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Summer Reading: Is the “Mommy Porn” in “Fifty Shades of Grey” Workplace Safe?

Posted in Discrimination & Harassment, Highlight, Human Resources (HR) Compliance

Is someone bringing “Mommy Porn” (The New York Times words, not mine) into the workplace?

Summer Reading?

Yes, THAT book, 50 Shades of Grey, has been making the rounds.

And chances are, with Memorial Day weekend upon us, more than a few people will be bringing it to the beach, or perhaps to the lunch room next week when they haven’t quite finished the book.

For those that have been living under the proverbial rock this year, let me give you a (fairly tame) excerpt of the book:

He’s naked except for those soft ripped jeans, top button casually undone. Jeez, he looks so freaking hot. My subconscious is frantically fanning herself, and my inner goddess is swaying and writhing to some primal carnal rhythm.

The Daily Beast (yes, there is some irony with the name) recapped the steamier parts if you are intrigued.  (You have been warned.)

But it leads to a more serious question: Should employers be banning this book from the workplace? After all, the “real” porn — pin-up calendars, internet videos and Playboy magazines — has been banned for years. Should this book be any different?

Before I address the question, it’s best to remember the standard that courts will use to look at this issue.  One court recapped the law on ”hostile work environment” claims as follows:

To establish a claim of hostile work environment, the workplace [must be] permeated with discriminatory intimidation, ridicule, and insult that is sufficiently severe or pervasive to alter the conditions of the victim’s employment and create an abusive working environment… [I]n order to be actionable … a sexually objectionable environment must be both objectively and subjectively offensive, one that a reasonable person would find hostile or abusive, and one that the victim in fact did perceive to be so…. [W]hether an environment is sufficiently hostile or abusive [is determined] by looking at all the circumstances….

Given that standard, having someone read the book alone during a lunch break, by itself, is probably not enough to establish a claim.  The fact that it is a book makes a difference. (Contrast that with, say, someone watching “9 1/2 Weeks” on the lunch room television.)  

But, you say, this is ”mommy porn!”  That must make a difference.  Well, let’s not overreact; it’s a book and romance novels (which contain some steamy sections of their own) remain popular.  No one challenges those books in the workplace.  (Well, someone did claim that receiving romance novels as gifts were proof of sexual harassment, but a court rejected that.)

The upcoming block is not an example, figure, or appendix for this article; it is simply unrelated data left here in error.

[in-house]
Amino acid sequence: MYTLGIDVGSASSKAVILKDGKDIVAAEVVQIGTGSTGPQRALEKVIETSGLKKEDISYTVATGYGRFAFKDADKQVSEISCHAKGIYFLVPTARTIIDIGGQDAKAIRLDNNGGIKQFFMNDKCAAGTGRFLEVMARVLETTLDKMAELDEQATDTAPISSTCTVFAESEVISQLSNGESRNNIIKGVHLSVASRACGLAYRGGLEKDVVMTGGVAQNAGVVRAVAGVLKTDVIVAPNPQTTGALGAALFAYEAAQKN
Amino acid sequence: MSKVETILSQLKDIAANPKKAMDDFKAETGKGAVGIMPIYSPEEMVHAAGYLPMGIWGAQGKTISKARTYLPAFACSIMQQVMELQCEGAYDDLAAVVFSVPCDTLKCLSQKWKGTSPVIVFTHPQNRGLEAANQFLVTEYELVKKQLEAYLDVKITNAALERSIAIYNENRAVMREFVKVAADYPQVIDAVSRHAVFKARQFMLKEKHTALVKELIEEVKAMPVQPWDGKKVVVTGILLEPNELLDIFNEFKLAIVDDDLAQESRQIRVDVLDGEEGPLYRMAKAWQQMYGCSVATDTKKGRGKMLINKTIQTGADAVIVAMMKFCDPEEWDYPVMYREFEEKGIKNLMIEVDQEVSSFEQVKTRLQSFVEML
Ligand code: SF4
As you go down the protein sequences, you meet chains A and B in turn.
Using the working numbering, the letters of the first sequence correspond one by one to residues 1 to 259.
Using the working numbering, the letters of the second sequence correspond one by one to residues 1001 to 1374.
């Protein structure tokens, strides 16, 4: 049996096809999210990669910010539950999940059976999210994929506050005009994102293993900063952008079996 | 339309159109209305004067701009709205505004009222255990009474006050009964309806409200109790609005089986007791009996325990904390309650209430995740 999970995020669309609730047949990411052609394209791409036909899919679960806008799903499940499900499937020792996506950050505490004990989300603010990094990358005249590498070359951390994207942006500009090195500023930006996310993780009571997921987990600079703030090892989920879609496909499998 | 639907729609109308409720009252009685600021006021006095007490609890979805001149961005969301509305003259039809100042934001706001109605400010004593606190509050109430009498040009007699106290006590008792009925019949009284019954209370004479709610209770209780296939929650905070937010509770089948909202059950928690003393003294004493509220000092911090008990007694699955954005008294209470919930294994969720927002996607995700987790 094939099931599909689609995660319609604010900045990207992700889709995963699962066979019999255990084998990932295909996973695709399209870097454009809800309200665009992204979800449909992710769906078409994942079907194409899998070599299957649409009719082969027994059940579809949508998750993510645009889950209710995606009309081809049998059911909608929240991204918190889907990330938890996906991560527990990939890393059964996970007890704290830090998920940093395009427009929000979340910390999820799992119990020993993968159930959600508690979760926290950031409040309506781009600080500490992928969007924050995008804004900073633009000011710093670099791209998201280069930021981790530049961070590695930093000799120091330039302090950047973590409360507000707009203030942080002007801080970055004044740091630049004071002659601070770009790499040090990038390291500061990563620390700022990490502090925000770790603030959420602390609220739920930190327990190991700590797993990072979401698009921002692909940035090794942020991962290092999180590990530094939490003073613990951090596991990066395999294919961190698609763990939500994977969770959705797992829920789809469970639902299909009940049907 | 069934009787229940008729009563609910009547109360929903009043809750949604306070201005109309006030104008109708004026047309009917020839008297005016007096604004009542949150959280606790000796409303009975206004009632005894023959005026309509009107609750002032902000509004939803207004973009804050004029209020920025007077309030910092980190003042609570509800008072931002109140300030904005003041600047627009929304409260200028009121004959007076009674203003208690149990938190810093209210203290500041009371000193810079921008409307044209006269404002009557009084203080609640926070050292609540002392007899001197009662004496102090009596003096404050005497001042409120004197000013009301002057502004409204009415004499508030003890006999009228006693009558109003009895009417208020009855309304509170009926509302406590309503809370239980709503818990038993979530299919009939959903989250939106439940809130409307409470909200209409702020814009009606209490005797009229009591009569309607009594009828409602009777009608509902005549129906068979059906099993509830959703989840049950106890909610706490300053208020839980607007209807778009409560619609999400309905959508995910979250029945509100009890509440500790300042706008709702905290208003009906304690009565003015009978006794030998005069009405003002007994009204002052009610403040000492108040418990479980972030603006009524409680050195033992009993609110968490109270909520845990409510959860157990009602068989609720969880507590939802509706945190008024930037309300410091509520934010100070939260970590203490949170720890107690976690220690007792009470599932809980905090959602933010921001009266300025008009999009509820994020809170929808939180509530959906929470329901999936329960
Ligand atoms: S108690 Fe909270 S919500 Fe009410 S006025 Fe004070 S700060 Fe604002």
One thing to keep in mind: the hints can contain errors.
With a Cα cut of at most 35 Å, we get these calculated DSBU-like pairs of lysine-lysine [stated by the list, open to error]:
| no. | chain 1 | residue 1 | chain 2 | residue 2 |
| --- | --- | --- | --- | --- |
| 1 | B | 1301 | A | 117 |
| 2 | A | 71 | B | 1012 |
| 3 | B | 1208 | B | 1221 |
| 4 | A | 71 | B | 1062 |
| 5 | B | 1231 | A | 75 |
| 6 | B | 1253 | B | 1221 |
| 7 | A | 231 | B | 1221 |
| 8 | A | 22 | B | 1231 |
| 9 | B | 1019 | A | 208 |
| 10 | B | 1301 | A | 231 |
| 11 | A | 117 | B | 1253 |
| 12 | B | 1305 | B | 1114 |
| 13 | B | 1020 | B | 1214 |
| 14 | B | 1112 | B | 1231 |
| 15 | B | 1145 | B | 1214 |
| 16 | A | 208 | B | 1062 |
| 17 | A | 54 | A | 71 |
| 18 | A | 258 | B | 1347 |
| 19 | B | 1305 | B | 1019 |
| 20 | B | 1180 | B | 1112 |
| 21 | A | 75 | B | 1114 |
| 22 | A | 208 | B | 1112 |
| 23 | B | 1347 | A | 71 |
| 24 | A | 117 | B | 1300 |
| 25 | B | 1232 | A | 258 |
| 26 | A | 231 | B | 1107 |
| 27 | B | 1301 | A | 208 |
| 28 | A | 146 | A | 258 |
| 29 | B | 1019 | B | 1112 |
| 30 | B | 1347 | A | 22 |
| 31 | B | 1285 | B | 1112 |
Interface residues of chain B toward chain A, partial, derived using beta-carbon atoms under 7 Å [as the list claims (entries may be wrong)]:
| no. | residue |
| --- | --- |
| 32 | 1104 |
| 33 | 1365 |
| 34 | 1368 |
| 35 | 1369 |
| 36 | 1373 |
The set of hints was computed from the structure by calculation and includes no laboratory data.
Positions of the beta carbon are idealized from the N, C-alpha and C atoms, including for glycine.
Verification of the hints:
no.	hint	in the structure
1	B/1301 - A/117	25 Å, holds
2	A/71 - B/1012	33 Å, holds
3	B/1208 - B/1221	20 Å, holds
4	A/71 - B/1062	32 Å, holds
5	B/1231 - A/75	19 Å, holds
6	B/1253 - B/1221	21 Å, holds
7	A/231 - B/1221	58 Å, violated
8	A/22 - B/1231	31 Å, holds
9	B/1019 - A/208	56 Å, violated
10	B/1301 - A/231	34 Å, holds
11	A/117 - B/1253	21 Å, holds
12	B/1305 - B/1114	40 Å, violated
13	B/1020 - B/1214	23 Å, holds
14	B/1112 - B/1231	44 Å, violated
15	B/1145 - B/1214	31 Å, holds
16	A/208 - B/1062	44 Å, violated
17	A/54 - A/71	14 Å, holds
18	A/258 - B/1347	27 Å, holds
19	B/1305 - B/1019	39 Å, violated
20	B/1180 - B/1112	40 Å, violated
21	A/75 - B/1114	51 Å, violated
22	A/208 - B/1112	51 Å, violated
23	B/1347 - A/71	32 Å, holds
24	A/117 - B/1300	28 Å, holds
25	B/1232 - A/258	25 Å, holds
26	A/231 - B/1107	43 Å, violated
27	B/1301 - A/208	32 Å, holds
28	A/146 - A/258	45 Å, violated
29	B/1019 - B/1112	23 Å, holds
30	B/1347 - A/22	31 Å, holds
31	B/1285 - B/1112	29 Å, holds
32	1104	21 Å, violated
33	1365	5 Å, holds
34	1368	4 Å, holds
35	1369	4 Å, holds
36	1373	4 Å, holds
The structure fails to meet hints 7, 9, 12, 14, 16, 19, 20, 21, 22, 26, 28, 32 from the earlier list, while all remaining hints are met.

Reading a book is, by its very nature, a somewhat private and solitary endeavor. 

Now, that view could change a bit, however, if there was a workplace book group discussing the more outrageous plot points in front of others.  In that case, the discussion might naturally revolve around sex which might (emphasis on might) may some feel uncomfortable. 

Again, the test looks at the entire circumstances so an isolated conversation about the book isn’t the real concern.  (Query whether local feelings on the subject might also make a difference too.)  It’s really whether it could be used to show that the workplace environment was permeated with discussions about sex.

But even that might not end the inquiry.  The environment has to be both ”objectively and subjectively offensive, one that a reasonable person would find hostile.”  It’s hard not to think that courts would treat this “mommy porn” differently from classic pornography.   

Yes, the laws on sexual harassment are gender-neutral, as the Supreme Court discussed in the Oncale case nearly 15 years ago.  But harassment cases also have to reflect what is “objectively” offensive. If everyone is reading “mommy porn”, could it be that offensive?

So, go ahead.  Break out the book (or Kindle, or Nook, or iPad).  But its probably still best, if you hear employees discussing the book, to have those conversations kept to a PG-level.